• Excellent, thanks!
  • Go ahead Apple and take the webOS gesture area. It's time to get rid of the button.
  • I don´t Apple can do that. They may go on revising how it looks and eventually remove it all together, but not abruptly. I say first reduce it to capacitive.
  • You need a physical Home button for mainstream users, but I'd like both.
  • I'm new to IOS and I kind of like the home button on the iPhone. Maybe just redesign it so there are not as many mechanical failures. Never had an issue with mine. I'm so anal I use the assistant touch button to kill my screen and go back to the home page just so I don't wear out my buttons. Been doing that since the phone was new, it's only a few months old. Damn I am loosing my mind. Ii just really like the hardware.
  • didn't Webos still had a home button? it lit up and then they made it digital. I want a home button anyways. And my mom is 65. she uses it to get back to the home screen. She never uses gestures. There is no reason other than for change sake to get rid of it. It doesn't make things better.
  • I'm not a huge fan of the look, though not perturbed enough to rant about it. My question is regarding the contrast in real-world usage. In the pics, it looks like the music information in particular is hard to read, with thin fonts over a gradient with inadequate contrast at some points. For people who have run it more than few days, how much (if at all) do you consider this a problem? Can you still take in that information at a glance, or do older/tired eyes require a double-take to get it?
  • The fact that this control center frame doesn't reach the top of the screen and ends abruptly bothers me. Why not fill the screen ? It looks half baked as is. Weird design choice... Sent from the iMore App
  • If it filled the screen, it would be confusing to many users how to make it go away. I think it covers more of the screen on the smaller iPhone 4/4S screens than it does on the tallboy 5. This is going to be my single most-used feature of iOS 7 if the 5S battery is as weak as that of the 4S. I'll be turning radios off to conserve power all the time.
  • I never turn anything off and I have great battery life. How long are you going between charges?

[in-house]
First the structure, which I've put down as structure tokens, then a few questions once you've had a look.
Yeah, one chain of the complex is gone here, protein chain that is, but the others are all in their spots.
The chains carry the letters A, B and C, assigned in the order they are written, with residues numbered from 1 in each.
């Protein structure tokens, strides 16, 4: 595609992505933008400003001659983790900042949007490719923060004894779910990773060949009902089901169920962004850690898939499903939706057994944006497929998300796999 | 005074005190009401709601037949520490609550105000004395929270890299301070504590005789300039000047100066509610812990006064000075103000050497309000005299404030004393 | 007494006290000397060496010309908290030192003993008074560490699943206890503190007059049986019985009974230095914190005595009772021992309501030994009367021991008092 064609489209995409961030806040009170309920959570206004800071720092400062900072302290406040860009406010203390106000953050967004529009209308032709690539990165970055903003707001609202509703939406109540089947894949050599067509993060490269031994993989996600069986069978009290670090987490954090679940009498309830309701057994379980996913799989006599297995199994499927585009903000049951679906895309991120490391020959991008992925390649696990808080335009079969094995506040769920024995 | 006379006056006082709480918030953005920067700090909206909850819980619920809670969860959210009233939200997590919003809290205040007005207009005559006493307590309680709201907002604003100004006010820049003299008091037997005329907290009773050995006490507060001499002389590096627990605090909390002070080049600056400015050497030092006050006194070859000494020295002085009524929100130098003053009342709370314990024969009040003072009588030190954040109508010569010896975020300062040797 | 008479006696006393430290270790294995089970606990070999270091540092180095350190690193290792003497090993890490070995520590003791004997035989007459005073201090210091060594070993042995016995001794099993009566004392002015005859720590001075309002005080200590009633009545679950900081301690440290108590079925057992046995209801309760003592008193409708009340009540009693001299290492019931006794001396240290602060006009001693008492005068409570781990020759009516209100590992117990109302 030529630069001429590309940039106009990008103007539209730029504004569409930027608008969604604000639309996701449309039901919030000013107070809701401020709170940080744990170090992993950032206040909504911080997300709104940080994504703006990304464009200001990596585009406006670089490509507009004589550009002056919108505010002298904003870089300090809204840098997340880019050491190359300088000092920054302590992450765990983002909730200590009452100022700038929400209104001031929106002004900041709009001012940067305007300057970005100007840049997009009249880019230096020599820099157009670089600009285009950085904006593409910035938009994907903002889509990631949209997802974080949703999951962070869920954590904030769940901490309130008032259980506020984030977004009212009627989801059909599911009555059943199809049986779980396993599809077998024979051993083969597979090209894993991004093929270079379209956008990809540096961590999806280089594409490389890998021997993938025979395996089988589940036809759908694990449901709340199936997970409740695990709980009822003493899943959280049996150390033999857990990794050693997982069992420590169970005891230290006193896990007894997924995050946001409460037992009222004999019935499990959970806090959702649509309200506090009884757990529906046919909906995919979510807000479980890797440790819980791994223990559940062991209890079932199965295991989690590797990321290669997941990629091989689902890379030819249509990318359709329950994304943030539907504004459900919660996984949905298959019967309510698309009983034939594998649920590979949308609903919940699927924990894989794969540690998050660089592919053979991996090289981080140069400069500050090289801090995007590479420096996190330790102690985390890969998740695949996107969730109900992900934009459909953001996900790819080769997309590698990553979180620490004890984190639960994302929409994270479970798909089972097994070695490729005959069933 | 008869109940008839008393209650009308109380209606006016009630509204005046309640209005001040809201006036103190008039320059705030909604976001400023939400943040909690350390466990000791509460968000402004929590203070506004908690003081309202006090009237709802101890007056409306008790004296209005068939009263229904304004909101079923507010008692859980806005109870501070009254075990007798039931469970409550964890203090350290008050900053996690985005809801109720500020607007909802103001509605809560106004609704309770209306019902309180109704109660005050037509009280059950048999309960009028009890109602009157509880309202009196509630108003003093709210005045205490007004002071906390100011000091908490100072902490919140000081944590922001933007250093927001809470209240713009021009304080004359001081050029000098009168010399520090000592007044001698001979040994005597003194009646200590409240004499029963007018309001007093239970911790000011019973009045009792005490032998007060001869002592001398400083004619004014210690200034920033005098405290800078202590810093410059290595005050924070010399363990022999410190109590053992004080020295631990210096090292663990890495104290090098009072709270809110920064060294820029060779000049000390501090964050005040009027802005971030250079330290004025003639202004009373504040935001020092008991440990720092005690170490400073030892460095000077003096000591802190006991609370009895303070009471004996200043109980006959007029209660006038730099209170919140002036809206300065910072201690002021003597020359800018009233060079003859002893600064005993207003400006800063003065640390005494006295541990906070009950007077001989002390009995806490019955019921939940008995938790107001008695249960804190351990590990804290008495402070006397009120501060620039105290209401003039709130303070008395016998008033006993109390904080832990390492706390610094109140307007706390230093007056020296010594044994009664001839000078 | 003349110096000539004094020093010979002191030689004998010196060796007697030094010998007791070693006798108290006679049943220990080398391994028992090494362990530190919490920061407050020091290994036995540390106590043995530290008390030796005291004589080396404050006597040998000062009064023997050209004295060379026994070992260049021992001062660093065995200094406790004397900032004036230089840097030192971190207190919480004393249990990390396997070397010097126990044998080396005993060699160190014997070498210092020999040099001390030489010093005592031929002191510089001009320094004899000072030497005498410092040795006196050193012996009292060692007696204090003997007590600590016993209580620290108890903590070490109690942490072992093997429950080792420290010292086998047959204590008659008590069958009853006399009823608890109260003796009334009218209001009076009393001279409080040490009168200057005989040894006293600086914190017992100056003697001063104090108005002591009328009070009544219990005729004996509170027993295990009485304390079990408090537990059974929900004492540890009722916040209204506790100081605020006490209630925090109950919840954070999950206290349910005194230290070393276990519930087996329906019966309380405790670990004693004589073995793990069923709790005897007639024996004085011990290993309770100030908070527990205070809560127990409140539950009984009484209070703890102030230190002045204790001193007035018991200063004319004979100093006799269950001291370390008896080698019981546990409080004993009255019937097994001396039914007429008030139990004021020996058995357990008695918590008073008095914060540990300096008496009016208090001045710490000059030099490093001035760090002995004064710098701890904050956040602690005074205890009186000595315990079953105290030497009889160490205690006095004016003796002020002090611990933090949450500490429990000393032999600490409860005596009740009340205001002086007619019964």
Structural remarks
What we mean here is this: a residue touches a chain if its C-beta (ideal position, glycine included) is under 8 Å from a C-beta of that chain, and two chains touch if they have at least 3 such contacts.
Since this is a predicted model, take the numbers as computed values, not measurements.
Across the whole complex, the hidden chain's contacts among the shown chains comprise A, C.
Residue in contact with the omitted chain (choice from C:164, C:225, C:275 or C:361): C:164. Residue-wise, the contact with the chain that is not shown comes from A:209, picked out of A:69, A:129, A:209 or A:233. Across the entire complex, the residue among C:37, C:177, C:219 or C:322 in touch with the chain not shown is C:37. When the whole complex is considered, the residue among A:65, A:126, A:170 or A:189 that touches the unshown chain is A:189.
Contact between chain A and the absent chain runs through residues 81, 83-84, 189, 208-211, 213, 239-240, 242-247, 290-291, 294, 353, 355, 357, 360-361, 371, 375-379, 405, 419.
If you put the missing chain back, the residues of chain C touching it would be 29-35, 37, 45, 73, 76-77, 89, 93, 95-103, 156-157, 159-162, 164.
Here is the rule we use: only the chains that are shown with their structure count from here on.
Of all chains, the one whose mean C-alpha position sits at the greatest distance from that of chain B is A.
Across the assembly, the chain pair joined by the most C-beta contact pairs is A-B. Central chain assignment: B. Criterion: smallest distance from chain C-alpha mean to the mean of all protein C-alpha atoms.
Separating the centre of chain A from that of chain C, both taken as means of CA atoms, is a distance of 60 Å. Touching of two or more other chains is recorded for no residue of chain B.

• Hi Rene -- I daresay I'm working my phone harder than you. My device full of apps and games, lots of notifications, and streaming and shooting photos all day. And the odd phone call here and there, too. When I'm in my car or at my desk, it's on a charger, because it doesn't last more than four hours at a stretch otherwise.
  • IOS is generally quite power-efficient when it comes to managing bluetooth and wifi. I leave them on, and haven't noticed any significant power drain.
  • Love the new Control Center. Would like to see the user be able to change which apps we can access with it. I personally don't use the calculator
  • I totally agree with you. We should be able to pick what apps we want, but as this is only a beta, I'm sure that will be a feature come the GM.
  • (Y) We should be able to pick up the apps that we use the most into the control center !!! Kind of convenience.
  • "However, Android's current two-finger swipe down to switch from their version of notification center to their version of control center isn't as easy to use, and ultimately, as goes Apple and iOS 7 will go hundreds of millions of users." FWIW the two-finger swipe down is just the power user shortcut for Android 4.2's Control center equivalent, the regular entrance is a button from within their notification center equivalent.
  • But that's kinda even worse. It's an extra step to get there
  • On a side note, that Control Center icon could actually serve better for the Settings app. The current iOS 7 one with gears... oh gawd.
  • I really really really wish there was a button in Control Center to open multitasking. The only thing that annoys me about my iPhone is having to double-tap the home button. I'd say at least 1 out of every 5 times I try to do it I don't do it fast enough and wind up in Spotlight.
  • That'd be sub-optimal. Multitasking should be a top level gesture, same as Control Center or Notification Center.
  • As somebody who burns out their home buttons with alarming frequency, I would just like it to be *any* gesture.
  • I pumped my fist in the air when I saw the control center feature during the keynote, a feature on Android that I wish I had on iOS. It looks clean and well implemented, can't wait for iOS 7!!!
  • Looks very useful, but design looks... quite poor? Not bad, I mean. I only prefer old good iOS style... [...] and new hero's coming:
  • They need a toggle for LTE too. I leave my LTE off so my battery last longer and like to turn it on when I need to FaceTime or watch a video.
  • I figured that there was room for an upward swipe on the home screen, and had my fingers crossed that Apple wouldn't waste it on "widgets." Was very surprised and happy to see Control Center in the keynote.
  • What I'd like is the phone in the keynote. looks an awful lot like one of those windows phones I've been coveting. The Lumia 928's camera running the stability and app choice of iOS? There's a dream.
  • That phone is the iPhone 5...?
  • Look again. The phone in that image is narrower, the buttons on the side aren't the same. That's no iphone 5.
  • The Control Center is nearly impossible to open with many of the cases on the market right now. I have an expensive Griffin Survivor case on my iPod touch that covers EVERYTHING except for the screen. Since the case is raised around the border of the screen, you can't actually slide up from the very bottom, which is required to open the control center. I use the screen orientation lock very frequently. I'm REALLY going to miss being able to double click the home button and swiping to the right in order to get to the screen lock.